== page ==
Man killed, officer shot during standoff
A man died and a Barberton police officer was hospitalized Friday after a domestic violence call that led to an eight-hour SWAT standoff in New Franklin.
Charles Cook, 48, died Friday after he was shot at a home, according to the Summit County Medical Examiner’s Office.
New Franklin police officers responded about 7 p.m. Thursday for a call about a domestic violence incident.
Cook barricaded himself with a loaded gun inside a bedroom. After three hours of asking Cook to come out, officers around 10 p.m. called in the Barberton area SWAT team, composed of officers from New Franklin, Norton and Barberton.
Officers continued to talk with Cook, who refused to surrender. Around 3 a.m., Cook fired gunshots through the door and struck a Barberton police officer in both legs. SWAT members returned fire and shot Cook. Tactical medics treated both Cook and the officer at the scene, where Cook was pronounced dead.
Officer Brandon Watson, 36, underwent surgery and was in stable condition.
A lawyer for an Ohio doctor under investigation in connection with dozens of hospital deaths says they’re waiting to receive records from the hospital as local authorities review the matter.
Attorney Richard Blake said Friday it would be inappropriate for him to discuss details about Dr. William Husel’s situation.
The Columbus-area Mount Carmel Health System says it found the intensive care doctor ordered potentially fatal doses of pain medicine for at least 28 patients. Husel was fired in December.
Some families are questioning whether hospital employees wrongly used drugs to hasten patients’ deaths. Husel and the hospital face at least 14 wrongful-death lawsuits, including one filed Thursday over the February 2015 death of 75-year-old Emma Bogan.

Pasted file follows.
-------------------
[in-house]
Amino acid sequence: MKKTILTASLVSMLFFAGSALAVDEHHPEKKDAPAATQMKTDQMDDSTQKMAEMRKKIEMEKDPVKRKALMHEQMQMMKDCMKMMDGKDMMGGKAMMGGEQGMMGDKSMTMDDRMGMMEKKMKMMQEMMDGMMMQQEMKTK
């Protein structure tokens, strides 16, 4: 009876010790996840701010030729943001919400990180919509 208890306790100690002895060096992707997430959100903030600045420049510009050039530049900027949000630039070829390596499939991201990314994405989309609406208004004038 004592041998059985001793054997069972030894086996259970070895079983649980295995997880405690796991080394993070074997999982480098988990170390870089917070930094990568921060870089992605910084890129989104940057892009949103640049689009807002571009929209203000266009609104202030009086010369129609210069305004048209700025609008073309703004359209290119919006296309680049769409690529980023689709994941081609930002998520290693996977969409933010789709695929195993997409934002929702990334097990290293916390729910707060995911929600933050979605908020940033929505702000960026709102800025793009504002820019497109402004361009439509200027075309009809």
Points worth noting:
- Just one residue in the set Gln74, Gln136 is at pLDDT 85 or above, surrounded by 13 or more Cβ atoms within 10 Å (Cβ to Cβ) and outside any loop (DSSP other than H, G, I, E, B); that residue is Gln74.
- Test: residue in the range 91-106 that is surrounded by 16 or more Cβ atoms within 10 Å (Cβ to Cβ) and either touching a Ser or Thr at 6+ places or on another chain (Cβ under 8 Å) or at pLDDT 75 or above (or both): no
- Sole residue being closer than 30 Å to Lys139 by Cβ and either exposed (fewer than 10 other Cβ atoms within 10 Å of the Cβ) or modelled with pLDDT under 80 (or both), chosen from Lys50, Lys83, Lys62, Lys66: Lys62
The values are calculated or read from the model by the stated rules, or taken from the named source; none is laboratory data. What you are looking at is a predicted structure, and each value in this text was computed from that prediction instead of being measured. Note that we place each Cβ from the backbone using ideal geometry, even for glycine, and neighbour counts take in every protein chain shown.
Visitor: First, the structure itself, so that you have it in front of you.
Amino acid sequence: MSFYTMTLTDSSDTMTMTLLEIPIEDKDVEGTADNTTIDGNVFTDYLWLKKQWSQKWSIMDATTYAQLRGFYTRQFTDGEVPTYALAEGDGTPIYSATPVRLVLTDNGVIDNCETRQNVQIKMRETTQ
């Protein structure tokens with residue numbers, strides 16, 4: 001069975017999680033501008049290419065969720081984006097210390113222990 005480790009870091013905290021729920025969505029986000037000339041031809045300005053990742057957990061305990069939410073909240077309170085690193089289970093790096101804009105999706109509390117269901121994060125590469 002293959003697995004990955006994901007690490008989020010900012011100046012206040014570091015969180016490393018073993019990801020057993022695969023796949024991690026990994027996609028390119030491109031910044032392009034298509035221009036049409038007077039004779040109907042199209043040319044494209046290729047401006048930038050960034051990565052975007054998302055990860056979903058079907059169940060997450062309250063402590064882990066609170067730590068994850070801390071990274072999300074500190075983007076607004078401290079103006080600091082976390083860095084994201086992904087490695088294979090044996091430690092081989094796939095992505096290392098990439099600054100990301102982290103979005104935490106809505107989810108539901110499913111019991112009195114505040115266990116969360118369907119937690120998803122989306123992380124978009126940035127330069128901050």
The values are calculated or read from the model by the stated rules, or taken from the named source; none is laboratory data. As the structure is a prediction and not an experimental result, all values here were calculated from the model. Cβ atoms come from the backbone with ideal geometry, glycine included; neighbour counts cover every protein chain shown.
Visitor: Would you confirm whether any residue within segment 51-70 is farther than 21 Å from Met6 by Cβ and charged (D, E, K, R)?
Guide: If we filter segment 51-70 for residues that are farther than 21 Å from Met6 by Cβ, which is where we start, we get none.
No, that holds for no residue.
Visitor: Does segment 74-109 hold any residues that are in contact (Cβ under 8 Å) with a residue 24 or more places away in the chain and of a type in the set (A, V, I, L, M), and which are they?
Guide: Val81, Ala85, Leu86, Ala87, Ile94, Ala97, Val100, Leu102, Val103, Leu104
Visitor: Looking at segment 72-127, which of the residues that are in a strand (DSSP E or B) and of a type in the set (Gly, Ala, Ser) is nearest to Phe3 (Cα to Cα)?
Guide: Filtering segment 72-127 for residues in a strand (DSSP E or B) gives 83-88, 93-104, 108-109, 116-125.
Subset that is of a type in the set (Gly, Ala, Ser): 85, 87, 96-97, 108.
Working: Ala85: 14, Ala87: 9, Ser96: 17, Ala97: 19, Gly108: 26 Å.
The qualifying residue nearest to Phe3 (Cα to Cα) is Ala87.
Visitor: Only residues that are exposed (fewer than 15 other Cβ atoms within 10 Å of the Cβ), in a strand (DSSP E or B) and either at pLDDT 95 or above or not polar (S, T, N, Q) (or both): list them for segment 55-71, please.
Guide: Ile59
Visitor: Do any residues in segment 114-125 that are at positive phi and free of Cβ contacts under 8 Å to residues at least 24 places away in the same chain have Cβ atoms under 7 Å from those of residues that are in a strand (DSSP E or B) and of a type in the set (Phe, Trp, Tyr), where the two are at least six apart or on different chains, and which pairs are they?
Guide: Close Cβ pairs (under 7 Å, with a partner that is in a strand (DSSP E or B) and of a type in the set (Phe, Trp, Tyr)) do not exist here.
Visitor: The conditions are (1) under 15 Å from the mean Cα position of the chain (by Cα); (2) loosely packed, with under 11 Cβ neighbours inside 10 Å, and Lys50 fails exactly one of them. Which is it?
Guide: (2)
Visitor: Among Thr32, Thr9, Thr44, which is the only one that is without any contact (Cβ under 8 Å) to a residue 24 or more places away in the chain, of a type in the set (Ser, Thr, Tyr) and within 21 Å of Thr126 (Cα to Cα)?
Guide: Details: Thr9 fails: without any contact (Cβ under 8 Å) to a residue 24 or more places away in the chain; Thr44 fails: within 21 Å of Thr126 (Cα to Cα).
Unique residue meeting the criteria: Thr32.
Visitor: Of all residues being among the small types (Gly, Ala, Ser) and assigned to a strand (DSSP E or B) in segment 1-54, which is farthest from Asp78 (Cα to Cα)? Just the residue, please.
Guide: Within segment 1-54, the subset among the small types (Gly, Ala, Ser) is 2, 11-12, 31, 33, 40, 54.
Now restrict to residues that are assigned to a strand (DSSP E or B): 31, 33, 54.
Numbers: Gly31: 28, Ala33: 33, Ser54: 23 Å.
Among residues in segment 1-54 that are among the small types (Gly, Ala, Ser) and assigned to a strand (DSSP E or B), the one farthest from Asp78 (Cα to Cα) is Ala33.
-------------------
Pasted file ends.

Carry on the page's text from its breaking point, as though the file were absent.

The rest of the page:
Mount Carmel publicly apologized and put 23 other employees on leave.
Cleveland Police Patrolmen’s Association President Jeff Follmer said the conviction was extortion-related from more than a decade ago, but was unsure of the exact charge or circumstances.
Follmer said the FBI notified the police department about the prior conviction.
Simmons did not disclose the conviction in his application, the city said. Simmons graduated from the police academy Jan. 18.
He was on probationary status on basic patrol until Friday, when Internal Affairs launched an investigation into Simmons’ background, the city said. on it, The Columbus Dispatch reports.
Hickman, 64, is a member of the PCH VIP Elite loyalty program, indicating he enters the sweepstakes frequently. His advice to other sweepstakes players who have entered and haven’t won yet: “Keep entering. Persistence pays off.”
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Hickman is the second Columbus winner in as many years for the New York-based direct marketing company best known for the sweepstakes and Prize Patrol that promote magazine subscriptions.
Howard Hickman of Pickerington won $1 million last week from Publishers Clearing House.